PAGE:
By Marcia Love
A local resident wants answers from Cypress Health Region and a better system in place for emergency response after his 82-year-old mother was forced to wait for an ambulance while in medical distress.
Dan Hartley was with his mother Isobel while she was at a hair salon downtown late last month when she began showing signs of a stroke. He immediately called 9-1-1, but the closest available ambulance was located at Fox Valley.
“It was a little over 40 minutes,” he said of the wait. “It was frustrating, having a new health care facility here in town and to have to wait that long.”
He was told to lay his mother on the floor, where she was semi-conscious while they waited for help to arrive.
Because of her condition and other health concerns, Dan did not want to attempt to take his mother to the hospital himself.
While on the phone, Dan said he was told to stay on the line with the 9-1-1 dispatcher.
“After the ambulance people did finally arrive and take her over to the hospital, they told me that they tried calling that establishment where the call was from to let us know what the progress was,” he said. “Well, we couldn’t (be reached) because (dispatch) had us stay on the line.”
Isobel was in the hospital for a day while she recovered.
Now Dan wants to see improvements made so situations like these don’t happen with a worse outcome.
“If they’re going to commit multi-million dollars to build hospitals in Swift Current, Maple Creek and Leader in the Cypress region, then there should be an equal amount of commitment… to make sure that we have a staffed paramedic system that is functional to service the community, and to have the nurses and doctors in the multi-million dollar facilities on-hand,” he stated.
According to Cypress Health Region, on the day in question Maple Creek EMS was already out on a call. Because no on-call staff were available to provide service with the second ambulance in town, Leader EMS relocated to Fox Valley to provide coverage for both communities — a practice that is occasionally done in such situations and reciprocated by Maple Creek EMS.
When the call came in, the Leader ambulance crew responded from Fox Valley. It took them 38 minutes to arrive on scene, said Liz Rackow, Cypress Health Region’s director of EMS.
“I understand for that particular family, when it’s your loved one, every minute seems like an eternity. But they did a fantastic job of getting there as quickly as they possibly could,” she stated.
The health region reported it has a full staff of EMS in Maple Creek, but is continually advertising to hire additional emergency medical responders to ensure there are extra staff available for the second ambulance.
Currently, Maple Creek has one full-time emergency medical technician and four part-time EMS staff. The health region stated one ambulance is fully staffed for 16 hours of paid coverage during the day. One staff members is at the health facility, while their partner is on call. The remaining eight hours of coverage is done through on-call staff.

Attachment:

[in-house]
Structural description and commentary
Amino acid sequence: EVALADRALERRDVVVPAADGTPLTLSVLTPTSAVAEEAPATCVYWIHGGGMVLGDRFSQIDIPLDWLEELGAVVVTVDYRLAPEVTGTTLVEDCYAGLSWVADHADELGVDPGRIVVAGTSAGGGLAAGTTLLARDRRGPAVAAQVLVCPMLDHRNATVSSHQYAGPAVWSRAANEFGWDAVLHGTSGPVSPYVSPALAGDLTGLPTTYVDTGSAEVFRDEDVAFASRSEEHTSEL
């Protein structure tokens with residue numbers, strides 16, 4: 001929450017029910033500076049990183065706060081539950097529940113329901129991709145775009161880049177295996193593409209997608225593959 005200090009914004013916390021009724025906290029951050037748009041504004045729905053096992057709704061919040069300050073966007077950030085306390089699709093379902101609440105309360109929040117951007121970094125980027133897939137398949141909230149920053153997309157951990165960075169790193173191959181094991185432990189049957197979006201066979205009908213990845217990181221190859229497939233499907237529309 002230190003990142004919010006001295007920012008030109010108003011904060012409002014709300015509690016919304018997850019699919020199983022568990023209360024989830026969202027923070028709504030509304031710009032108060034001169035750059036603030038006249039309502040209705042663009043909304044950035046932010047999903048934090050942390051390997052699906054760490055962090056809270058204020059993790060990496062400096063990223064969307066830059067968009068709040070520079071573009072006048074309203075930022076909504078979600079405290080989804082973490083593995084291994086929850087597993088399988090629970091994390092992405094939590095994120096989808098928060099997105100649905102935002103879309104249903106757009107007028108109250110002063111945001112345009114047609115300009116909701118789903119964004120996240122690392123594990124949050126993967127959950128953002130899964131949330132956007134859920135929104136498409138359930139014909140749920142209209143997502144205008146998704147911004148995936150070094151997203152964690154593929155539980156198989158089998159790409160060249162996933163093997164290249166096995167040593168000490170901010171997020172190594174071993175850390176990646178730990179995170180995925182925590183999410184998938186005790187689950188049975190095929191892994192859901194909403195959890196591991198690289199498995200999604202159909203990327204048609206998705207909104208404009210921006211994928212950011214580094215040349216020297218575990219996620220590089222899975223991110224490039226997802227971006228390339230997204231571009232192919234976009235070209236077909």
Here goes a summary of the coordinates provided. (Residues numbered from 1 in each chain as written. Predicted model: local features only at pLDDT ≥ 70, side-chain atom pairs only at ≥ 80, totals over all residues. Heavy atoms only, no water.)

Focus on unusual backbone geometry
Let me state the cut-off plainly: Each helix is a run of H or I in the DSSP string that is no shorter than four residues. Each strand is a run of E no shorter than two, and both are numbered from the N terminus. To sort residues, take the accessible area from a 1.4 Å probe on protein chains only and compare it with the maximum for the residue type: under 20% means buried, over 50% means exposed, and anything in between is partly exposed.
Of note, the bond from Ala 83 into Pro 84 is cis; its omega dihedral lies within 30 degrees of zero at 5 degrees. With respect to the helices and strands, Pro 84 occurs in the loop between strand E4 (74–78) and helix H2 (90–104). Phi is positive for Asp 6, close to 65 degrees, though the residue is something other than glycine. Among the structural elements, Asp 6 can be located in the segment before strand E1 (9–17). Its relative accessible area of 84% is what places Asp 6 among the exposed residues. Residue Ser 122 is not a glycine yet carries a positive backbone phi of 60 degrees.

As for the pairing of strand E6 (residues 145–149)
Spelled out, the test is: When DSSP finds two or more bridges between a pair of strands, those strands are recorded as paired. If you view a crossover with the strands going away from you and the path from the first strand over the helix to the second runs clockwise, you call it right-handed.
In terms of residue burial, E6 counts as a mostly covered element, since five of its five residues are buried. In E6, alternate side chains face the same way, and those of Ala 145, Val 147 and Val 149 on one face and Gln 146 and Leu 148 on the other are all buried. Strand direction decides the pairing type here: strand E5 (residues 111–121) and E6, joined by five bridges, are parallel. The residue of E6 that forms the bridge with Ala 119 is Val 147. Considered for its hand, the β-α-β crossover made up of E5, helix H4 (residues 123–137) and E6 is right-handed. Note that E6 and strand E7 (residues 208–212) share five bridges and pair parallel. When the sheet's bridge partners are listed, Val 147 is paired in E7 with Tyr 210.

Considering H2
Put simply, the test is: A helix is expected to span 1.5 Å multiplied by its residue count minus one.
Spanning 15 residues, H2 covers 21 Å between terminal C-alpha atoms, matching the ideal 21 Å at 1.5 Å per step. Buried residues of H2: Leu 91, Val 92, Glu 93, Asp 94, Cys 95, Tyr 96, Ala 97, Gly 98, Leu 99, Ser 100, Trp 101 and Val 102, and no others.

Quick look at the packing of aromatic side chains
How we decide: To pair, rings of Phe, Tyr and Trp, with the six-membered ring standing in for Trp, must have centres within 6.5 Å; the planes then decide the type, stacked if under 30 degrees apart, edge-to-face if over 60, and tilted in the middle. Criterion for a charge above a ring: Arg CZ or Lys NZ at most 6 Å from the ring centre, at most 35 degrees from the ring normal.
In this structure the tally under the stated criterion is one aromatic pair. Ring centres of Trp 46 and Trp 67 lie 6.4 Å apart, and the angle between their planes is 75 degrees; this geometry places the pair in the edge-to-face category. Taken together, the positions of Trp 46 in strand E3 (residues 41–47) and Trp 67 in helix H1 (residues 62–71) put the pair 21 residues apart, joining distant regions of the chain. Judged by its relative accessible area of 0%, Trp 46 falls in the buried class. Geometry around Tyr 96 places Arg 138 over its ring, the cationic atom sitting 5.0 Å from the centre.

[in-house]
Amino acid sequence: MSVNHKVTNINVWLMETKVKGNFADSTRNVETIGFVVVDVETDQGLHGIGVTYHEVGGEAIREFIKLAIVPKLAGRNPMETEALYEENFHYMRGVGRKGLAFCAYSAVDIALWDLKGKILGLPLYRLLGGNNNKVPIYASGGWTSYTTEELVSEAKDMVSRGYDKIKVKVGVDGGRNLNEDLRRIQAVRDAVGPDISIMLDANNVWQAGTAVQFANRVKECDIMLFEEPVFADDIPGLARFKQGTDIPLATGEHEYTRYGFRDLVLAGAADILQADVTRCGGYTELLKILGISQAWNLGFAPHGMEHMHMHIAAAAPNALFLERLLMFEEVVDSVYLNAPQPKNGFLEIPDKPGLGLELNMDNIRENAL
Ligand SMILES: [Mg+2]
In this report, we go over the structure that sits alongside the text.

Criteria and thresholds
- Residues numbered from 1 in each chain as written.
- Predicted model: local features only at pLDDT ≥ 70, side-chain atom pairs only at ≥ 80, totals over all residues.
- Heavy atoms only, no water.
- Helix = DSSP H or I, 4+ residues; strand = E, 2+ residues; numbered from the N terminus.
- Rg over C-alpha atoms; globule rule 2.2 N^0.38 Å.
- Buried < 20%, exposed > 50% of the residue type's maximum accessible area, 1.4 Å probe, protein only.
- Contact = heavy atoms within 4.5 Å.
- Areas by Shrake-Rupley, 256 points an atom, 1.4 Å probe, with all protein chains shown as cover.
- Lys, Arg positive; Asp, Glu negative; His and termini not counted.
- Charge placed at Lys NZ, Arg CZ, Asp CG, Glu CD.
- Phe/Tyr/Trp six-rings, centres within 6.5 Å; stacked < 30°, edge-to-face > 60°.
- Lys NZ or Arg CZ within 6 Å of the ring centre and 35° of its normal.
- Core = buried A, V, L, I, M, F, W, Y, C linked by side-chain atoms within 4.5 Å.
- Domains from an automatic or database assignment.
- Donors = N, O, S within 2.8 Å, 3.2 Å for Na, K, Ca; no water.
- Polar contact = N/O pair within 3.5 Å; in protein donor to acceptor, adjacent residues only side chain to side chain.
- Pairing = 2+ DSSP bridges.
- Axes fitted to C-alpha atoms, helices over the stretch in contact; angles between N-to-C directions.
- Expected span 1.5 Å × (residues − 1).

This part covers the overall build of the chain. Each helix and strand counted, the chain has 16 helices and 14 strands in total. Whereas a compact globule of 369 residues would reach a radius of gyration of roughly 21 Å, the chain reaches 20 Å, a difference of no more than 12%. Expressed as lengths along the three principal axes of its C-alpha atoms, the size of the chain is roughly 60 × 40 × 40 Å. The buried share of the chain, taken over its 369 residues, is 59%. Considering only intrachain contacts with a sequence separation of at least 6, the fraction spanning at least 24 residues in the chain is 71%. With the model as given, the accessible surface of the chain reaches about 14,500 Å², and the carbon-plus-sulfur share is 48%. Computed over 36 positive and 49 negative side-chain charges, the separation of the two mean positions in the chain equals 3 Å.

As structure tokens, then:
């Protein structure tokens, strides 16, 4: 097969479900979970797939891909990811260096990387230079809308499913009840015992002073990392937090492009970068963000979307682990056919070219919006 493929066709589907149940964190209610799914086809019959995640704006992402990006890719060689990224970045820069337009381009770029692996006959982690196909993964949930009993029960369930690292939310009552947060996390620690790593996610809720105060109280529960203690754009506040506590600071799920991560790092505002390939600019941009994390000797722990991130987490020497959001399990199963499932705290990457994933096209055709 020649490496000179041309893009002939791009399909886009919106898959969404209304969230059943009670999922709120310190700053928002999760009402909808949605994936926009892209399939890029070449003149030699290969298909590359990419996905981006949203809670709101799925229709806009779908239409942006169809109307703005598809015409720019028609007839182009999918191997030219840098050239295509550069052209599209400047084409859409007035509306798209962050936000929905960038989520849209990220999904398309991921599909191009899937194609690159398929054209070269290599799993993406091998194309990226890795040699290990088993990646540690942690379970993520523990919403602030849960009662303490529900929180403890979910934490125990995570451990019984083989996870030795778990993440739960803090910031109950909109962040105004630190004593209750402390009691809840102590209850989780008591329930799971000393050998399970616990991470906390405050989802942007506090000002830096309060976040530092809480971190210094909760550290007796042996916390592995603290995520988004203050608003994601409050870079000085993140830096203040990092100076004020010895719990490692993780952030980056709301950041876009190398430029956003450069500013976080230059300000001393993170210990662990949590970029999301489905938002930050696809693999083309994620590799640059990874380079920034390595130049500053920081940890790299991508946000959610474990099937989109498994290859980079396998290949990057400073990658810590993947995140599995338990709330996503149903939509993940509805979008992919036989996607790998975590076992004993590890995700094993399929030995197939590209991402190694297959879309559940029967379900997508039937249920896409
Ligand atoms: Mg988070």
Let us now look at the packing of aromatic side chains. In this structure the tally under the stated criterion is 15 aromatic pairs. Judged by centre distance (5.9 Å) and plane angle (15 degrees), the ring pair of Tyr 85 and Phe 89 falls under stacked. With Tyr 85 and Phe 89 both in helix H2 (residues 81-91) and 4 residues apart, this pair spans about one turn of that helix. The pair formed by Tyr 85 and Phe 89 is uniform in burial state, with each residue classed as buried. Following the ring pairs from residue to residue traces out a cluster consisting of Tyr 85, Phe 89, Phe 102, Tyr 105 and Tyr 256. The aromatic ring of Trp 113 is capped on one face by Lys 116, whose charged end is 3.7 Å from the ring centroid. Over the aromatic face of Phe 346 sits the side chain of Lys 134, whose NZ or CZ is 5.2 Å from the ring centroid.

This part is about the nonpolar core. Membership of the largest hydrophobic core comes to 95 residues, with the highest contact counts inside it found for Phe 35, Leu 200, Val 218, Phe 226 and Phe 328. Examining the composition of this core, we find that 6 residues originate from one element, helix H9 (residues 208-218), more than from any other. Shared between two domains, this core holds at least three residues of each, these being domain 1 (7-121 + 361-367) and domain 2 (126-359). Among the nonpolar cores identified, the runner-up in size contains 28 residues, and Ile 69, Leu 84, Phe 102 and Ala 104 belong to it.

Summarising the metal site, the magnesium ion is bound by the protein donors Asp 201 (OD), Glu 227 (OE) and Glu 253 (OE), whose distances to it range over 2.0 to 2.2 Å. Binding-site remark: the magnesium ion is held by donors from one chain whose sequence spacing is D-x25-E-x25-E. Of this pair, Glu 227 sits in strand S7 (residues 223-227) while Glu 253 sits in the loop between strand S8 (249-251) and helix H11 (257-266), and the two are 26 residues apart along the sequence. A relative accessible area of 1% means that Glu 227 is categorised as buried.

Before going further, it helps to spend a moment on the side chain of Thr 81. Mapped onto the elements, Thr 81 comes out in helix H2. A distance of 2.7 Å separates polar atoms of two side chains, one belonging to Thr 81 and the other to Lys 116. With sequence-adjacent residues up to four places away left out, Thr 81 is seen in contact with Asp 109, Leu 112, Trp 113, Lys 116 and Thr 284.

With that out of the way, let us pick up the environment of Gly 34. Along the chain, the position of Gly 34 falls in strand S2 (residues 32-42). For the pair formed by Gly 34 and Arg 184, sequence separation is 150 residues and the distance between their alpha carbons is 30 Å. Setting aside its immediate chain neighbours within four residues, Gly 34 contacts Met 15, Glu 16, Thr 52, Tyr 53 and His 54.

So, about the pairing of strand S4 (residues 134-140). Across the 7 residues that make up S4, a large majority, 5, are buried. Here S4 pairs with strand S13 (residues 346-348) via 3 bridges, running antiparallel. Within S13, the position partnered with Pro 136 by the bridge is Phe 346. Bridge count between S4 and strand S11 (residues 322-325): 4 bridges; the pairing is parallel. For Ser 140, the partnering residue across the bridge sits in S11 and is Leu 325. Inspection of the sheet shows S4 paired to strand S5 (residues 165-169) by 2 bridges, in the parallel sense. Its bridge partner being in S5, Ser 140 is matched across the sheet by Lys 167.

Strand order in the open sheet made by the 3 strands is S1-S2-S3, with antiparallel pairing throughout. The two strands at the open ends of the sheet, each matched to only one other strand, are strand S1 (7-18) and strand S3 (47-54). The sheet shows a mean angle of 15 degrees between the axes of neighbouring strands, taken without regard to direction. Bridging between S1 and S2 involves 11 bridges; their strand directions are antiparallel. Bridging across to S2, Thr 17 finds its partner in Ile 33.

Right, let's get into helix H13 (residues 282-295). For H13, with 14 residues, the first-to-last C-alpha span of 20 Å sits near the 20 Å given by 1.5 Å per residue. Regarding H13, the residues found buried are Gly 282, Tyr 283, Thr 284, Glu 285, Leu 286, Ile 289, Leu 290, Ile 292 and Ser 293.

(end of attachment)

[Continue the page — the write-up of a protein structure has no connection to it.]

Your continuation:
When the first ambulance is called out, other EMS staff are contacted in an attempt to provide service with the second ambulance if needed.
“We try to get as many casual EMRs on staff as possible in each of our sites so that if that first car goes out, we want to have staff available who can go on-call to work with that second car,” Rackow said. “Our EMRs are all casual, so a number of them have day-time jobs, so we want to get that base up as much as possible. So we will continue to post for casual EMR in almost all of our sites.”
But the need is not high enough to have two ambulances fully staffed 24 hours a day, the health region said.
“The number of times that the first truck is out and that a second truck gets called out on an emergency while the first one is out is minimal,” stated Bryce Martin, communications director for Cypress Health Region. “So we have to be utilizing the dollars that are available for EMS services to match the demand and the utilization of the service. So to have two trucks permanently staffed 24 hours a day, based upon the number of calls that they get at the same time right now is not available in the budget.”
Because of this, Martin said it is necessary for neighbouring communities with EMS services to work together. Smaller services in Richmound and Consul have also situated themselves closer to Maple Creek to assist at times as well.
In addition to local EMS, the health region is also working with rural communities to establish first responders. The program, which was introduced in March through grants, involves volunteers in various communities receiving training to respond to an emergency and provide care until EMS arrive.
“If we have an individual who lives on a farm or a ranch who is one of our first responders and lives one mile away from the site where a 9-1-1 call is being made, that first responder has the ability and the equipment to go and be at the site of the patient until the ambulance arrives,” Martin explained.
First responder programs have been in Hazlet and Burstall for a number of years, he said. The health region has been in contact with municipalities in the area, including Maple Creek, but said it hasn’t received a response yet.
Hartley believes the province’s health care — especially rural health care — is far behind the times.
“I spent many years living in Alberta before moving back to Saskatchewan… in 1996, and in the time period that I spent in Alberta, I just found that their health system was so much more efficiently run than ours,” he said. “Here I am, 20 years later in Saskatchewan, and we’re still playing catch-up to their health system. That’s frustrating.”
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